Swarajist Party

Swarajist Party

This article deals with ‘ Swarajist Party  – UPSC.’ This is part of our series on ‘Modern History’ which is important pillar of GS-1 syllabus . For more articles , you can click here


  • Non Cooperation Movement (NCM) ended in Feb 1922 . Gandhi arrested & sentenced for 6 years imprisonment for spreading disaffection against Government
  • This resulted in spread of disintegration, disorganisation & demoralisation in nationalist ranks
  • What congress was facing at this moment was  the basic problem that any mass movement has to face: how were they to carry on political work in the movements’ non- active phases?

Note – years from 1922 to 1927 are at first sight dominated entirely by a sense of anti-climax, were all the more acute because Gandhi’s promise in 1920 of Swaraj within a year had aroused such soaring expectation.

 -By March 1923, Congress membership (for the 16 out of 20 provinces which had sent reports to the AICC) had fallen to 106,046, less than one-third of what U.P. alone had claimed two years before. 

Formation of Swaraj Party

  • At Gaya Session (1922) one faction led by CR Das(President) & Motilal Nehru (Gen Sec ) demanded that they shouldn’t boycott elections for Legislative Assembly (LA) that was coming & should continue agenda after going in L.A & making work of Assembly impossible(Pro Changers)
  • Other faction led by Patel & Rajendra Prasad opposed this(No Changers)  & ultimately No changers won the vote .
  • CR Das & Motilal resigned from Congress & announced formation of Congress Khilafat Swaraj Party or Swaraj Party on 1 Jan 1923.

Swarajist’s idea behind joining Legislative Assembly

  • Work in the Councils was necessary to fill in the temporary political void, keep up the morale of the politicised Indians, fill the empty newspaper spaces, and enthuse the people. 
  • Even without Congressmen, Councils would continue to function . Non- Congressmen would capture positions of vantage and use them to weaken the Congress. 
  • By joining the councils and obstructing their work, Congressmen would prevent  Government from getting some form of legitimacy for their laws.

Swarajists claimed that they would transform the Legislatures into arenas of political struggle on which the struggle for the overthrow of the Colonial State was to be carried out.

Motilal – Das Duo

  • Das (born in 1870) and Motilal (born in 1861) were highly successful Lawyers who had once been Moderates but had accepted the politics of boycott and non-cooperation in 1920.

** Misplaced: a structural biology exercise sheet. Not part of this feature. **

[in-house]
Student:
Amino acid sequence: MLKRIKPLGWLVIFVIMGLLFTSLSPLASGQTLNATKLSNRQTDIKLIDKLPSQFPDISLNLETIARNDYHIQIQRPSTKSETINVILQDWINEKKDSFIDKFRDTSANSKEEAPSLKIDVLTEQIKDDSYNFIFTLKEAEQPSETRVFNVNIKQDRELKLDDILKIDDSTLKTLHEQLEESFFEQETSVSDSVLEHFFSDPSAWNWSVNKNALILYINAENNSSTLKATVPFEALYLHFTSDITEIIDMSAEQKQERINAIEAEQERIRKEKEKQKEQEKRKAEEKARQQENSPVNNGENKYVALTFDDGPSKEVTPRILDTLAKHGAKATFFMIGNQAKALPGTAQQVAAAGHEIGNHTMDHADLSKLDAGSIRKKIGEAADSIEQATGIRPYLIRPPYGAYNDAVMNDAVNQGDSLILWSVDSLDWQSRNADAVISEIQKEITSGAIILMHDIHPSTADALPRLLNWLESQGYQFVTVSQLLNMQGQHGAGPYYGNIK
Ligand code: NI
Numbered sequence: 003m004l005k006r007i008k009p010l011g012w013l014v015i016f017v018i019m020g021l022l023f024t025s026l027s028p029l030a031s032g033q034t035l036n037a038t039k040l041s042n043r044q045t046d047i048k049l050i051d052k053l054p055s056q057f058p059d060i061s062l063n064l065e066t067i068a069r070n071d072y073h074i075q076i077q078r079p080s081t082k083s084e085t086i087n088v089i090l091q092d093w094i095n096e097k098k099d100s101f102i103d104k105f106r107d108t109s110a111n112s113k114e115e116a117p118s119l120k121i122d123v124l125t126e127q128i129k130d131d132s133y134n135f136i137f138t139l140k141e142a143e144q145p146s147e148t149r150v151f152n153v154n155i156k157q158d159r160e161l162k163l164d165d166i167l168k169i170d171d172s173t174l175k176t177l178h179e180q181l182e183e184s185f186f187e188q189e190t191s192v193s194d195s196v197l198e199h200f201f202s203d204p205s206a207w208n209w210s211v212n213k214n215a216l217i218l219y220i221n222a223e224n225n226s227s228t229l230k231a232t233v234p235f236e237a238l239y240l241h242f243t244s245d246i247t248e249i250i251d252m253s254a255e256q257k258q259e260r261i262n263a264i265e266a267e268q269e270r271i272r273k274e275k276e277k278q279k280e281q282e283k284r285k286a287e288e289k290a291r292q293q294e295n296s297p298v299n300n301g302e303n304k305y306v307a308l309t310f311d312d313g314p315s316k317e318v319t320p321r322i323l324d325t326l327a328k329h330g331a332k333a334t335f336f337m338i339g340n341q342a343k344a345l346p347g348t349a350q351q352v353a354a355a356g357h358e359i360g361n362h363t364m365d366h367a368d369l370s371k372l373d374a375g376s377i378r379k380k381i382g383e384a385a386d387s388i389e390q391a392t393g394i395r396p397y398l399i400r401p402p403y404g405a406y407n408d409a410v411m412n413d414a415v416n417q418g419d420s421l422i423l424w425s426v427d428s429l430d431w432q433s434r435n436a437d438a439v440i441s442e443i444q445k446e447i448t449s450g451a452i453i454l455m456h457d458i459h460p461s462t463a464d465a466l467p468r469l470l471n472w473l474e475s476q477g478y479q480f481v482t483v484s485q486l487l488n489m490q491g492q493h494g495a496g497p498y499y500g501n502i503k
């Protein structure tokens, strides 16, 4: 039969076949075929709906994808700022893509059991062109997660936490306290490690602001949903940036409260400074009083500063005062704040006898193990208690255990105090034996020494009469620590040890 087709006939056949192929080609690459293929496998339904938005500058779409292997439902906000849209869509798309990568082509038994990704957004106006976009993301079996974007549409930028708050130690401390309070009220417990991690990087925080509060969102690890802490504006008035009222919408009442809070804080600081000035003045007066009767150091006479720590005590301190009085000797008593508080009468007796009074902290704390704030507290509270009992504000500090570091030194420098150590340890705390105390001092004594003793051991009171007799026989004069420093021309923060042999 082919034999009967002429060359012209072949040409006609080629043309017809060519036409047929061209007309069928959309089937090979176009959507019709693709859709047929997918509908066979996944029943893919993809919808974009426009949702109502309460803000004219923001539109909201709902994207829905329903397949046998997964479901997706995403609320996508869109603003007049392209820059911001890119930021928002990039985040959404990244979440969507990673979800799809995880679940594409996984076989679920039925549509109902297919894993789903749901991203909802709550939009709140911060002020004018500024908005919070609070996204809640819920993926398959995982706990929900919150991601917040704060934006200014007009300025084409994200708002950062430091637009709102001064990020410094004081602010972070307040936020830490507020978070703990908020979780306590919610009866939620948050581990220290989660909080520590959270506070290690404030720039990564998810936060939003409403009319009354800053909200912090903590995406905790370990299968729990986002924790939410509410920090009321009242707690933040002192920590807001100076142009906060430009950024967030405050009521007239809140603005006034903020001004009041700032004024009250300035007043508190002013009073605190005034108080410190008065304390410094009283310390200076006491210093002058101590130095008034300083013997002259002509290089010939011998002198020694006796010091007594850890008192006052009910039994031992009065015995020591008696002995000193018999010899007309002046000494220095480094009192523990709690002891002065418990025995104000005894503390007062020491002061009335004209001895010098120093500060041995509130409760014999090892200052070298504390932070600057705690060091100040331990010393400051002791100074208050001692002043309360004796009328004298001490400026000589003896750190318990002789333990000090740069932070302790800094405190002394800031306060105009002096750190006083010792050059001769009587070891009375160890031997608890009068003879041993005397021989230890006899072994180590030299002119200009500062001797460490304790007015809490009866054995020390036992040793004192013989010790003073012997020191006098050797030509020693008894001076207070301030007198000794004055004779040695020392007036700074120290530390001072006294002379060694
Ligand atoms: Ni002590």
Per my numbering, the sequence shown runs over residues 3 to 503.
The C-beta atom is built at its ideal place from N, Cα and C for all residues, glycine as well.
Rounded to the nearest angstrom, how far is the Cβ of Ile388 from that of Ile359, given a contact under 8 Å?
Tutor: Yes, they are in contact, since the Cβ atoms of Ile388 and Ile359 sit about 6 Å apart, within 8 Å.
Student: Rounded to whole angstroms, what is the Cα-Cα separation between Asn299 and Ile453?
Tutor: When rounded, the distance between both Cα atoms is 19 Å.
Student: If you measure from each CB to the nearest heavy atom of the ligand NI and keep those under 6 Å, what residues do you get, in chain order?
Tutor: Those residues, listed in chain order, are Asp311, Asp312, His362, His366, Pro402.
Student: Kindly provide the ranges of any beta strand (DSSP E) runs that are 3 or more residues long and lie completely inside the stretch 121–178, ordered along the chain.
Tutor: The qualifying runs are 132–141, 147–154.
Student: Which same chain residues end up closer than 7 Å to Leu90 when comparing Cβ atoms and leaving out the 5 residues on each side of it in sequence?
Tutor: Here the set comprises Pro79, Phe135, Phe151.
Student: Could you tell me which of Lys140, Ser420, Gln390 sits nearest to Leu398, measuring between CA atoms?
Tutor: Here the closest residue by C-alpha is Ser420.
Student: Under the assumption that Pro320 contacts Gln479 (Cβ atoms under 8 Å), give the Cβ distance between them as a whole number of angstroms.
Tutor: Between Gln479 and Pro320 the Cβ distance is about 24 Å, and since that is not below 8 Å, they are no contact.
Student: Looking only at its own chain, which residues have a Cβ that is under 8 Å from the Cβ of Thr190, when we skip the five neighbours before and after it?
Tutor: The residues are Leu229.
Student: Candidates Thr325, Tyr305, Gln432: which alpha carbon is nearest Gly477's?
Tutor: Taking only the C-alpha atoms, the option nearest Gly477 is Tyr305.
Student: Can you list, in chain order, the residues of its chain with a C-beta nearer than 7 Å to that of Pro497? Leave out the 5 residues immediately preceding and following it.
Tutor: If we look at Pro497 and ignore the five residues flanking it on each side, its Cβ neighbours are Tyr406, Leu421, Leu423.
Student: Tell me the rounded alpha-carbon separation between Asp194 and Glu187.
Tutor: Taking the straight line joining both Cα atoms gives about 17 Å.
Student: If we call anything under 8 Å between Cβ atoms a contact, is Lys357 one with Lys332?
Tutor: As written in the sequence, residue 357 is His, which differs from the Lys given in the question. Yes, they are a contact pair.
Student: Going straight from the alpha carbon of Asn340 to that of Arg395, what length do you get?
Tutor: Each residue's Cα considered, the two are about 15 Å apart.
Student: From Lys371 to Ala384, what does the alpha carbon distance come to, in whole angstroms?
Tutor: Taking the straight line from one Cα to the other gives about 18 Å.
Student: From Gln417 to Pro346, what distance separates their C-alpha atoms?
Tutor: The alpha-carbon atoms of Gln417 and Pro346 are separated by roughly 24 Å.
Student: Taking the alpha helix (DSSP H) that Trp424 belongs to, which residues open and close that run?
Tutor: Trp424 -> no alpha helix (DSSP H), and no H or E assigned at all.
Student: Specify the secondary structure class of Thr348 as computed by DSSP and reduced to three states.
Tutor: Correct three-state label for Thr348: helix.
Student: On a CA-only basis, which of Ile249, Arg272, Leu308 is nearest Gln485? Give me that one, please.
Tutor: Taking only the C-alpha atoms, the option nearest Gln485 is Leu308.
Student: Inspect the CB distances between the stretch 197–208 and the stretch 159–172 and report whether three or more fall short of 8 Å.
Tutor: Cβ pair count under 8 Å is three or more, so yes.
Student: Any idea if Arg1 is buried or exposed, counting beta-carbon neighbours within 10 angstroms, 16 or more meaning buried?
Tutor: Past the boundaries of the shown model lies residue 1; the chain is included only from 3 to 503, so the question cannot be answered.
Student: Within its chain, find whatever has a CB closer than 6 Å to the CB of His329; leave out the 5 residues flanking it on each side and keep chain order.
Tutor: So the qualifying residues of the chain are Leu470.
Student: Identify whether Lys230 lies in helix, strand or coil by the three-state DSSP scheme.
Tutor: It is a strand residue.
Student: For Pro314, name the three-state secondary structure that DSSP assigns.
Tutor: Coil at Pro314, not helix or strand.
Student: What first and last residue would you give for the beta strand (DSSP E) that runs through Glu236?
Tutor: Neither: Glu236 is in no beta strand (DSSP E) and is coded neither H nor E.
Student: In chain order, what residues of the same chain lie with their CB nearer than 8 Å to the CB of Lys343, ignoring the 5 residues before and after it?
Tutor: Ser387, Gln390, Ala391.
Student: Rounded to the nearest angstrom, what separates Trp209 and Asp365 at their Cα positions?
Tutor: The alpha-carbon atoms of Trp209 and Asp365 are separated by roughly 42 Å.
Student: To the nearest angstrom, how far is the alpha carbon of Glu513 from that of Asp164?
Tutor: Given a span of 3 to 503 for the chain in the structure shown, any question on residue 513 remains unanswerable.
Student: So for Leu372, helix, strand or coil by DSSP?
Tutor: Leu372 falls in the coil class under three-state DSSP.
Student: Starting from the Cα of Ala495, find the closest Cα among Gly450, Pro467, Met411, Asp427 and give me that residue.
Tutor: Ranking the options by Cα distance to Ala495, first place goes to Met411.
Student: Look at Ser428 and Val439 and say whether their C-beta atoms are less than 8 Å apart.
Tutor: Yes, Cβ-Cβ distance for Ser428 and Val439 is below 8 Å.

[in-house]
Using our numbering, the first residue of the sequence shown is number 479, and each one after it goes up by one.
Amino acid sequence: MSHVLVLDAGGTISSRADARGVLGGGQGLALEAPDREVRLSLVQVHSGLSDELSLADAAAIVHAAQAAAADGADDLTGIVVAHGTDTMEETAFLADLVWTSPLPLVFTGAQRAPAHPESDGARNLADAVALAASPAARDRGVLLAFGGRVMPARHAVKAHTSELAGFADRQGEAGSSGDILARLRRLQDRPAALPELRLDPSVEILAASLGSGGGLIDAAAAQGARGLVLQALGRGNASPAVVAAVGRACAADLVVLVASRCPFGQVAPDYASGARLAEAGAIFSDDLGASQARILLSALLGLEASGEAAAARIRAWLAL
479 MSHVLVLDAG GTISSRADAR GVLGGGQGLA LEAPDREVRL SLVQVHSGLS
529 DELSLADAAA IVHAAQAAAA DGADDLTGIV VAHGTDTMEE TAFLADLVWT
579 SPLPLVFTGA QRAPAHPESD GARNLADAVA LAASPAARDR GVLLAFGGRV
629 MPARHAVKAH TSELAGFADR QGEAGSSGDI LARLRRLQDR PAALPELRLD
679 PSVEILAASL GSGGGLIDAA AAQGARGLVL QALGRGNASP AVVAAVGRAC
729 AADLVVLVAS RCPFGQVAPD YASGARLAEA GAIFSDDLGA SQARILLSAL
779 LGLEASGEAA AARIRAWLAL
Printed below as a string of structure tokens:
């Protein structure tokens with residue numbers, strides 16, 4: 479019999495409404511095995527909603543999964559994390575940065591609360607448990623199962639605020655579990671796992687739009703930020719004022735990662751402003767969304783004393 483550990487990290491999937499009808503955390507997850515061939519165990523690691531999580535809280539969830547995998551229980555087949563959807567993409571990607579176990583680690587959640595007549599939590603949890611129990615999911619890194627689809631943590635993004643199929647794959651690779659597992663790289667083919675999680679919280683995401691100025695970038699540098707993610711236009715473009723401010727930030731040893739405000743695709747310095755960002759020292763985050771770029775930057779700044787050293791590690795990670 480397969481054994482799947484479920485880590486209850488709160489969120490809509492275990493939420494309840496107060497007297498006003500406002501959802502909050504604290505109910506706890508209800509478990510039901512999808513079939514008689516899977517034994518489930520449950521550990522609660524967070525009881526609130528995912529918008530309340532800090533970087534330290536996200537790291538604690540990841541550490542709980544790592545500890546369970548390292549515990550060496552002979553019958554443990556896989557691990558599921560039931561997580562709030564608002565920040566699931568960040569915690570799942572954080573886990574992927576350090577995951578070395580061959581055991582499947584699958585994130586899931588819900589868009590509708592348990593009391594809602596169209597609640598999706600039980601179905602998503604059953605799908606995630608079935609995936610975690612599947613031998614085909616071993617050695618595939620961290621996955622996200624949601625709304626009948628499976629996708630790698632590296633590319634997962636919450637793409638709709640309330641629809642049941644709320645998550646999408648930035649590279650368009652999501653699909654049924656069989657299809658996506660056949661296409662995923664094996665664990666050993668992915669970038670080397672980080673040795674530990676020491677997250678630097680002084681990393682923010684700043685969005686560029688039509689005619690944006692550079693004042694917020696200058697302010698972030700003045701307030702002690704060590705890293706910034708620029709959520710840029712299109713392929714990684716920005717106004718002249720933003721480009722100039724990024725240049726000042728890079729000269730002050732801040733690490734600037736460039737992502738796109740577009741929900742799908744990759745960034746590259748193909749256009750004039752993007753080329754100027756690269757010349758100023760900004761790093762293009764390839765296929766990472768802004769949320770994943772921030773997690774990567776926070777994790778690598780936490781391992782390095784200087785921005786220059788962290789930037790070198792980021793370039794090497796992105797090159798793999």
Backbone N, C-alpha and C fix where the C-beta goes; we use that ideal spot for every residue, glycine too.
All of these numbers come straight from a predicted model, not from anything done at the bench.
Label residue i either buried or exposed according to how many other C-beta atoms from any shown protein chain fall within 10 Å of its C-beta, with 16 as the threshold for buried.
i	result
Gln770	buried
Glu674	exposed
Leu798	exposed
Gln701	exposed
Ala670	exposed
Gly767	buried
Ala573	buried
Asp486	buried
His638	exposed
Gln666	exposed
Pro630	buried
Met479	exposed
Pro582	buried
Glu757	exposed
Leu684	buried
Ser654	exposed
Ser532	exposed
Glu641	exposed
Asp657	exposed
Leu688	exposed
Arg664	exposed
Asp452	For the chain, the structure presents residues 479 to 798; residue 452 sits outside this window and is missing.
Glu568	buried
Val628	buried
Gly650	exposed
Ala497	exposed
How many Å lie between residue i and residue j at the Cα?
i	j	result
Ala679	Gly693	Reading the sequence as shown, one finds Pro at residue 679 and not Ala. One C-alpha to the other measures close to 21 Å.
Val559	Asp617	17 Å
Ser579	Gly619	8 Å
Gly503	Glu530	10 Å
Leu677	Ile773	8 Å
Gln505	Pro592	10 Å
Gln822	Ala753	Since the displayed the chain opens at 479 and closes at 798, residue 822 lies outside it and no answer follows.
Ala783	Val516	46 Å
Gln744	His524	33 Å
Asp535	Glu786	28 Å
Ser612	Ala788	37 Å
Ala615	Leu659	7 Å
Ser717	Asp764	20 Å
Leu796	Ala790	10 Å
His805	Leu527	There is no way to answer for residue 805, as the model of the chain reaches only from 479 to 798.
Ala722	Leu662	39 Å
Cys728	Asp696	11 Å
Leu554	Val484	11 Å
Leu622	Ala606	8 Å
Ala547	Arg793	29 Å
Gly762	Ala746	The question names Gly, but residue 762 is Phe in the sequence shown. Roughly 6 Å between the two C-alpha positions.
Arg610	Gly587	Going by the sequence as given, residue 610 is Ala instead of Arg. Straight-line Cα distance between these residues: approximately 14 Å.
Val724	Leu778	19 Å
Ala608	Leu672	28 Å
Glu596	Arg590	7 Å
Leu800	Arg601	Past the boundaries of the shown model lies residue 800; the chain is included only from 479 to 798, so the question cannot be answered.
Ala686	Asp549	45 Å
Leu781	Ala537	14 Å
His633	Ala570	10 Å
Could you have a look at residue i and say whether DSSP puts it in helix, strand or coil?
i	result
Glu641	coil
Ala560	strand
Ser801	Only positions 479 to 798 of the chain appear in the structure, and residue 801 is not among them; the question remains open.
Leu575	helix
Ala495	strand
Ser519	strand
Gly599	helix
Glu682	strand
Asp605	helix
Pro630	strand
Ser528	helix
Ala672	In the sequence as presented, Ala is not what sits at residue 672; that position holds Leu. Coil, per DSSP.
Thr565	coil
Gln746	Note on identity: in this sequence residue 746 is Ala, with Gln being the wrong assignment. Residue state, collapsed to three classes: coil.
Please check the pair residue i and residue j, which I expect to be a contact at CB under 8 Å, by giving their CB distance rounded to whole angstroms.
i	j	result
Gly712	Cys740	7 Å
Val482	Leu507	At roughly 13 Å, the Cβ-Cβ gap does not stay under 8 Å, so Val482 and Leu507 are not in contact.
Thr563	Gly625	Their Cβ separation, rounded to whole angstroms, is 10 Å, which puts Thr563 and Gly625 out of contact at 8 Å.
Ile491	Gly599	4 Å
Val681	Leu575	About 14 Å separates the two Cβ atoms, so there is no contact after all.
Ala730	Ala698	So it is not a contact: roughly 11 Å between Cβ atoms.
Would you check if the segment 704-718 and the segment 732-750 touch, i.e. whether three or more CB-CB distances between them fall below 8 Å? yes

• They had given up their legal practice, joined the movement as whole time workers and donated to the nation their magnificent houses in Calcutta and Allahabad respectively.
  • They were great admirers of Gandhi . Both were brilliant and effective Parliamentarians. One deeply religious and the other a virtual atheist , both were secular to the core.
  • They complemented each other and formed a legendary political combination.
    • Das was imaginative and emotional and a great orator
    • Motilal was firm,  analytical, and a great organizer and disciplinarian

Argument of No Changers

  • No-Changers opposed council-entry mainly on the ground that Parliamentary work would lead to the neglect of constructive and other work among the masses, the loss of revolutionary zeal and political corruption.
  • Constructive work among the masses, on the other hand, would prepare them for the next round of Civil Disobedience.


  • Fear of repetition of disastrous Split of 1907 was building up
  • Both groups started to move towards mutual accommodation . Swarajists also realised that however useful parliamentry work might be, real sanctions which would compel government to accept national demand would be through mass movement & this need unity
  • Special Session of the Congress held at Delhi in September 1923, the Congress suspended all propaganda against Council entry and permitted Congressmen to stand as candidates

Gandhi’s reaction towards Swarajists

  • Gandhi released from jail on 5 Feb 1924 (elections were already over and Swarajists won many seats) on health grounds & he completely opposed the Swarajists in Council Entry & considered obstructing work of councils was inconsistent with Non Cooperation. Split seemed to be on horizon. Government hoped & banked for it